Published on March 23rd, 2017 | by Aoife O'Donoghue0
Anohni – Paradise EP
Anohni is not afraid to be political. This was obvious with her previous release, 2016’s critically acclaimed Hopelessness, where songs like ‘Violent Men’ and ‘Crisis’ were an angry manifestation of a frustration at the state of modern society. While similar thematically, Paradise is a more despondent reflection, slowly building with the quiet and human admission that “in my dreams, you don’t love me” (‘In My Dreams’). This refrain sets a scene for the emotions of the six-track EP. Paradise, Anohni’s sophomore release (outside of those albums she released as part of Antony and the Johnsons) shares the same anger, and politically-charged emotions of Hopelessness, but here it’s more subtle, the tracks flow together, and are quieter, but still maintain that distinctive distorted, fragmented synth sound, a kindred to Anohni’s haunting, choral-like vocals.
The title – released as a single before the EP is the energetic follow up to opener ‘In My Dreams’. As in the title track, ‘Paradise’ encapsulates the emotions of the entire EP, balancing optimism, and apathy through chaotic instrumentals. Tracks like ‘Ricochet’ go further with that apathy, with the desperation and pain of someone frustrated by their place in the world and their lack of control evident in her fervent vocals – “if this keeps going, I’m going to curse you, my God / I’m going to hate you, my God’.
Paradise is a series of an anthems for those frustrated and those who feel helpless and angry at the injustices they witness and face. Though English-born, it’s obvious that Anohni’s lyrics are a reflection of her life spent in the US, where she currently resides, and the changing and tumultuous politics there.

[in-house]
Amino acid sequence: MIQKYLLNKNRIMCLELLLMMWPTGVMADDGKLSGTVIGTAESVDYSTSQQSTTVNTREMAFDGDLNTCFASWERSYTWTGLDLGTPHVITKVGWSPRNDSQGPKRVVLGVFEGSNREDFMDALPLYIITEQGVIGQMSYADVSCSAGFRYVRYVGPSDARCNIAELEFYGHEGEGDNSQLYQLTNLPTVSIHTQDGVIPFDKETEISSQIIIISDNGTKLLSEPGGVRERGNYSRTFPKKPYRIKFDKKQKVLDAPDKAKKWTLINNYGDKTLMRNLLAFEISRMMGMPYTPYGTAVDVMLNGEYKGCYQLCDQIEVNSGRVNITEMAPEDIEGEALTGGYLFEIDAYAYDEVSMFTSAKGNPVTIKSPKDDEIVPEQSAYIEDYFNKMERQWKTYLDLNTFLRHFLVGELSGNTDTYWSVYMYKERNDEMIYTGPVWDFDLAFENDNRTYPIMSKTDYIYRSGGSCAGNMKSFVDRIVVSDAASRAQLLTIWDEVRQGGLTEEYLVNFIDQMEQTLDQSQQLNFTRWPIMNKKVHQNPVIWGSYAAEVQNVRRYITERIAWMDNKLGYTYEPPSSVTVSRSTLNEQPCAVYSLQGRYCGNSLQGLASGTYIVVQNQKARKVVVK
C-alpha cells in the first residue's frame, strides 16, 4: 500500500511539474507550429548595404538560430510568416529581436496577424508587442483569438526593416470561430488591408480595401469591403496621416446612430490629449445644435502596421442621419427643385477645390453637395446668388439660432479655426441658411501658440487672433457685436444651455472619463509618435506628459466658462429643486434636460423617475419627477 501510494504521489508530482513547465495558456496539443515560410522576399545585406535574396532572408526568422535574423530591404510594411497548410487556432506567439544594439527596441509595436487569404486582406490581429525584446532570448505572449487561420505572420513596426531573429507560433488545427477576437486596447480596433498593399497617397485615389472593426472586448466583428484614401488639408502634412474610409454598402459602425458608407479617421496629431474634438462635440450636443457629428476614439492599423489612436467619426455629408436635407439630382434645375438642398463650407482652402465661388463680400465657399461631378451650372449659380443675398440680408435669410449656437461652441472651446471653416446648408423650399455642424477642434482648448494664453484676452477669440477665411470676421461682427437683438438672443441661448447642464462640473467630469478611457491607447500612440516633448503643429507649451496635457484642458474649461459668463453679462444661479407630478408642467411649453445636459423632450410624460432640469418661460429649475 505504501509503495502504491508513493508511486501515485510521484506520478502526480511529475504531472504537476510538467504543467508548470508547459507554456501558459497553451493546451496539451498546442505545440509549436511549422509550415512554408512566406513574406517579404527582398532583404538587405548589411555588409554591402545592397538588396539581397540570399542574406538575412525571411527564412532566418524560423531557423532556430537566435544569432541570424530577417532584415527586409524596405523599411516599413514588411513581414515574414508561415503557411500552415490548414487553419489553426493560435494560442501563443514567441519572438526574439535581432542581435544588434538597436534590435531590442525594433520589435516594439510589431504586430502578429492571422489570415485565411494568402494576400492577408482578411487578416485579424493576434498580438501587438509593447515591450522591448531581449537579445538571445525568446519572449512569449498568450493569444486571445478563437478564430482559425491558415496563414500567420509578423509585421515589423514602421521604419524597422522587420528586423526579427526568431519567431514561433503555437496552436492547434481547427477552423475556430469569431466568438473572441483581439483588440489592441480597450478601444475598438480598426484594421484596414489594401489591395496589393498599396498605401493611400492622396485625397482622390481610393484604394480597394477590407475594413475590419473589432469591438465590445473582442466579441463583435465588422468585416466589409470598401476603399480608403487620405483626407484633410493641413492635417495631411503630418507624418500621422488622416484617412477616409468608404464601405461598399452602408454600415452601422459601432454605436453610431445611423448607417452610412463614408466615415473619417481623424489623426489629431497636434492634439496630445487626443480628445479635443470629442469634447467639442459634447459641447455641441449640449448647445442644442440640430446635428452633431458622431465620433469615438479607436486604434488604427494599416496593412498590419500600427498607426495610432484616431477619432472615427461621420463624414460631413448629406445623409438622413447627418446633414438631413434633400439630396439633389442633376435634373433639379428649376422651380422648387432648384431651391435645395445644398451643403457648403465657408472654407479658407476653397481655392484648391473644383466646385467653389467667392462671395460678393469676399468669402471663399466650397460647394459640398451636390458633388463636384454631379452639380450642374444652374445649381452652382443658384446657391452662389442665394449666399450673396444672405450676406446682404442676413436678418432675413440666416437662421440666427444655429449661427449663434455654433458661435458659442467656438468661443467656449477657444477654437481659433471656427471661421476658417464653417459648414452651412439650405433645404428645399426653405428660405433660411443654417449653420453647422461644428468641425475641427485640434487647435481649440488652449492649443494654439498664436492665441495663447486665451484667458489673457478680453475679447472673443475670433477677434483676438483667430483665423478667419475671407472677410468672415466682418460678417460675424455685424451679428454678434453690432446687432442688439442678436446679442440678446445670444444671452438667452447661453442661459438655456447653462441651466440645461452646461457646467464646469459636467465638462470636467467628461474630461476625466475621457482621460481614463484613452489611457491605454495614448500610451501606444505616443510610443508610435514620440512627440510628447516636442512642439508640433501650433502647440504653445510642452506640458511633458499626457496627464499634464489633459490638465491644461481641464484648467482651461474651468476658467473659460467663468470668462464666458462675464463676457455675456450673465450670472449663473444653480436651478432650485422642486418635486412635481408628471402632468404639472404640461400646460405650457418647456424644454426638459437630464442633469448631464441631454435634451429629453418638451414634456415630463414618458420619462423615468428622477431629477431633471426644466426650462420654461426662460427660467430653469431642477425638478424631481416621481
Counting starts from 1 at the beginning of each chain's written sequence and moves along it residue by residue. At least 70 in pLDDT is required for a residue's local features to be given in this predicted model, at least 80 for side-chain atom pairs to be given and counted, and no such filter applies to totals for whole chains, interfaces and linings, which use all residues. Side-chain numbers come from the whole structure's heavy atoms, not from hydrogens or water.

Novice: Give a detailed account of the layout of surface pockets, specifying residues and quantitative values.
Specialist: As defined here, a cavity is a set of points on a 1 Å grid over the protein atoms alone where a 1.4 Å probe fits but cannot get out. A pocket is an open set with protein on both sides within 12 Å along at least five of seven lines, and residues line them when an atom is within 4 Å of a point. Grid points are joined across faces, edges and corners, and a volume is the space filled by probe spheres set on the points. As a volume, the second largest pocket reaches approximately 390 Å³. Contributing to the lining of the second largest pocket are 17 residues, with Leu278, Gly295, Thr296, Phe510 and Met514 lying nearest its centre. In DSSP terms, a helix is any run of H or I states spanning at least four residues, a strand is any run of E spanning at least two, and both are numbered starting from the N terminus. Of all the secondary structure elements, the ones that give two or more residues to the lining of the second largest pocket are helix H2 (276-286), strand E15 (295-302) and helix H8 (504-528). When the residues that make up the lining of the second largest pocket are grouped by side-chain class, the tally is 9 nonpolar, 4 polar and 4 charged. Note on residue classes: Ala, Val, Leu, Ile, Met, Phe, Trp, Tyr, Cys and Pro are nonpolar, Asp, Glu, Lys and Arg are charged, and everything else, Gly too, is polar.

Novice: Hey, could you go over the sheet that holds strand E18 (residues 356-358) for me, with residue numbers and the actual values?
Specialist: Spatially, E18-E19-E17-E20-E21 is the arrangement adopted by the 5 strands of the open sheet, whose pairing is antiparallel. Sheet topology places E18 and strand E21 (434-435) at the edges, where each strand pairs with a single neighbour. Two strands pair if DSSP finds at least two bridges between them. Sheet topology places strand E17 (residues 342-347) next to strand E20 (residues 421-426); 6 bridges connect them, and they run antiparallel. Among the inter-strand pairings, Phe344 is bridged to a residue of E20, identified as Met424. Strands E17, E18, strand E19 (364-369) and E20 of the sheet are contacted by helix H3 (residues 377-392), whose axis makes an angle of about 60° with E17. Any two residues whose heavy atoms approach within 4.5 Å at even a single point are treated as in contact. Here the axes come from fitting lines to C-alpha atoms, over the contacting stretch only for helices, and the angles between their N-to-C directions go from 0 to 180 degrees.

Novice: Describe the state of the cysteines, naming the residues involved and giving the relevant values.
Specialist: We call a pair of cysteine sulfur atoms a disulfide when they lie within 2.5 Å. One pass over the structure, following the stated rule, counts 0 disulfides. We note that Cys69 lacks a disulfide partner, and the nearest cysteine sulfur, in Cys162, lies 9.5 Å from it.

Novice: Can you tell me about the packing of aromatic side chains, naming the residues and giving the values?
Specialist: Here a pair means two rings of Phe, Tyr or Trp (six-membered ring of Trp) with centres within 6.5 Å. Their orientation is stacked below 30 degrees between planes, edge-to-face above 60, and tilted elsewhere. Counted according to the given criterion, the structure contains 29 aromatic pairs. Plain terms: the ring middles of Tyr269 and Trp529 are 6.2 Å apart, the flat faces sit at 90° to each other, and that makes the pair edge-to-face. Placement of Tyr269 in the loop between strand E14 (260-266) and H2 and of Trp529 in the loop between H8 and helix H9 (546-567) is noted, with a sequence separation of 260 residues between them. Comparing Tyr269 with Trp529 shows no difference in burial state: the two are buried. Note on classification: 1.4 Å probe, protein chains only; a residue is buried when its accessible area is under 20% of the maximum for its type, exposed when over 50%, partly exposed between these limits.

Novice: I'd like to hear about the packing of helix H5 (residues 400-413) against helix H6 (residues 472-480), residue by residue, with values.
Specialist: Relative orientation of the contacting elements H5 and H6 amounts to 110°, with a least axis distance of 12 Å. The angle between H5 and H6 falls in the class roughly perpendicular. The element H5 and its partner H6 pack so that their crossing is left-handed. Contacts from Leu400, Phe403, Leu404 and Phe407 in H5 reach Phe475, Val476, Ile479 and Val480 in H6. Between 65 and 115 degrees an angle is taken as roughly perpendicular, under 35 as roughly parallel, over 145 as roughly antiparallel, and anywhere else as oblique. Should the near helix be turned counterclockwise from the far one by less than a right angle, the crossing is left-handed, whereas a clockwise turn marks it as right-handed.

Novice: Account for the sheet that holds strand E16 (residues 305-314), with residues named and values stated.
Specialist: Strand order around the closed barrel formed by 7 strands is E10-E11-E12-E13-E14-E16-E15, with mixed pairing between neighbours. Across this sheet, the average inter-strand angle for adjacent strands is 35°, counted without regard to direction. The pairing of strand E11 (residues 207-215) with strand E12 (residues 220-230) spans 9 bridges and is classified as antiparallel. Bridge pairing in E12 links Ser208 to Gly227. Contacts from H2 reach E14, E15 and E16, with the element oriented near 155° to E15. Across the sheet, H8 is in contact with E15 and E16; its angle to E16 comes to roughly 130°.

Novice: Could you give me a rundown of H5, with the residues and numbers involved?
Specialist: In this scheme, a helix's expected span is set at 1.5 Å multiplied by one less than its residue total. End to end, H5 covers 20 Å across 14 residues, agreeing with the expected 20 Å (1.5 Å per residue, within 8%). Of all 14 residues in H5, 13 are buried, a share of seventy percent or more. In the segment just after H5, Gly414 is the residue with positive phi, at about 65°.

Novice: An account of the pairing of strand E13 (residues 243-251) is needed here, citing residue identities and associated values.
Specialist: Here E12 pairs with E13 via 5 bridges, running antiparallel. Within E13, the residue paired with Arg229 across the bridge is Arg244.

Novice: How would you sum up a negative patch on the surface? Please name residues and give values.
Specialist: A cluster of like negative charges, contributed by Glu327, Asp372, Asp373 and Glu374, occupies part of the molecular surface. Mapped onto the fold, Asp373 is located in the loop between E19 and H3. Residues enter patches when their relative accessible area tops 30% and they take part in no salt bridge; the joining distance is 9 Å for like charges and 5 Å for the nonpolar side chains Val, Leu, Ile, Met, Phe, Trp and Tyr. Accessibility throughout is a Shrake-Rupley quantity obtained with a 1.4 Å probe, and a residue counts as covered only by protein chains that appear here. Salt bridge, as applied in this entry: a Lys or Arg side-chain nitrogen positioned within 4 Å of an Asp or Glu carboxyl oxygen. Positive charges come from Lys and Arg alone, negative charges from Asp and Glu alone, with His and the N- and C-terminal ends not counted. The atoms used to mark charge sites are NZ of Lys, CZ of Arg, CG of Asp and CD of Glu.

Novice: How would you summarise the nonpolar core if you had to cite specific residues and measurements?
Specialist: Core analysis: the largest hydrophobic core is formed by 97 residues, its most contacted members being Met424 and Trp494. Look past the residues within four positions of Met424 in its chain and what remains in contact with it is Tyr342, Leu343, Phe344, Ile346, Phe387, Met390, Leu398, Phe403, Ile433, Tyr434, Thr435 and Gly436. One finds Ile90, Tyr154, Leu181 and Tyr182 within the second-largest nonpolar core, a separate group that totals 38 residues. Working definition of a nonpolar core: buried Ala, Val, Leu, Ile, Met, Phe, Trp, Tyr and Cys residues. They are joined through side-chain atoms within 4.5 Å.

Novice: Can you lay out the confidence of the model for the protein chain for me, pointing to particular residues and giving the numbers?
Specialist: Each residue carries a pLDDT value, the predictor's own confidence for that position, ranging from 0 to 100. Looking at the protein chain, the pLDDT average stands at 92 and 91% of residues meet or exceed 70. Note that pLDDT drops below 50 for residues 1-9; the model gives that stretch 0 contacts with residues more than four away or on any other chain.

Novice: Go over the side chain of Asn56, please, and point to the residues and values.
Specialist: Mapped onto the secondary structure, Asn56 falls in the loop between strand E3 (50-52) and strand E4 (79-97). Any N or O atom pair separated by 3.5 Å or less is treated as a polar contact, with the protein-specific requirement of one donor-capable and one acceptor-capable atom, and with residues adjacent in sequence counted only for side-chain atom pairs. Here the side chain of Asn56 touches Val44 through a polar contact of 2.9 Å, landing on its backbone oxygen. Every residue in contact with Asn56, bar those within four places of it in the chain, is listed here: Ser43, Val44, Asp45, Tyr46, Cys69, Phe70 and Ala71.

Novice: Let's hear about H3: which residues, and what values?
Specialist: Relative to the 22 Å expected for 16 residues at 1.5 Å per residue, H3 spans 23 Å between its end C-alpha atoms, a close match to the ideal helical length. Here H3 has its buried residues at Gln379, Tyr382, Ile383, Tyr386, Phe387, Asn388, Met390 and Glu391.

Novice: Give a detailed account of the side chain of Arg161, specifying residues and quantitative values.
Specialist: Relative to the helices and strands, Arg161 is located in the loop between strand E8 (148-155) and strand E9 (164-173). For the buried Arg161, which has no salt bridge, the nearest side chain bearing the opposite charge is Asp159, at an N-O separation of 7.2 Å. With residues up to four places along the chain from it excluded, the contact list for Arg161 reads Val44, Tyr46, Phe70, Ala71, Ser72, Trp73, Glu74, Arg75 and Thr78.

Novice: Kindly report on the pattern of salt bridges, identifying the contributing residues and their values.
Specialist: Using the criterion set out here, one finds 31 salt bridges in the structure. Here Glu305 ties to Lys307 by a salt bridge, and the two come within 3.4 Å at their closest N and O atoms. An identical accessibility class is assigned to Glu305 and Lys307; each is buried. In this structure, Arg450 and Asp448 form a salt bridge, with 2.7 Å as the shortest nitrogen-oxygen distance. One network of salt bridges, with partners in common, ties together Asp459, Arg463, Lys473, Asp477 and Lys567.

One track of the EP was not publicly released but actually may be the most interesting conceptually – ‘I Never Stopped Loving You’, is only available if the listener sends Anohni a personal email, detailing (in her words), “…a sentence or two what you care most about, or your hopes for the future. Send this to me instead of the dollar you used to send me in the olden days.”
‘She Doesn’t Mourn Her Loss’ ends with the spoken word of Aboriginal artist, Ngalangka Nola Taylor: “Everything is going upside down. How are we going to stop – and work on it, and work together, and the world a better place to live? All of us.” There is a sadness in Taylor’s voice, but as with Anohni’s throughout the EP, there is some hope in Taylor’s words amid the fear and sadness. This is an EP of juxtaposition; dark, and heavy and a fine continuation of the manifesto of Hopelessness – one of protest, and anger but one that never lets go of the faint subtle flicker of hope. Aoife O’Donoghue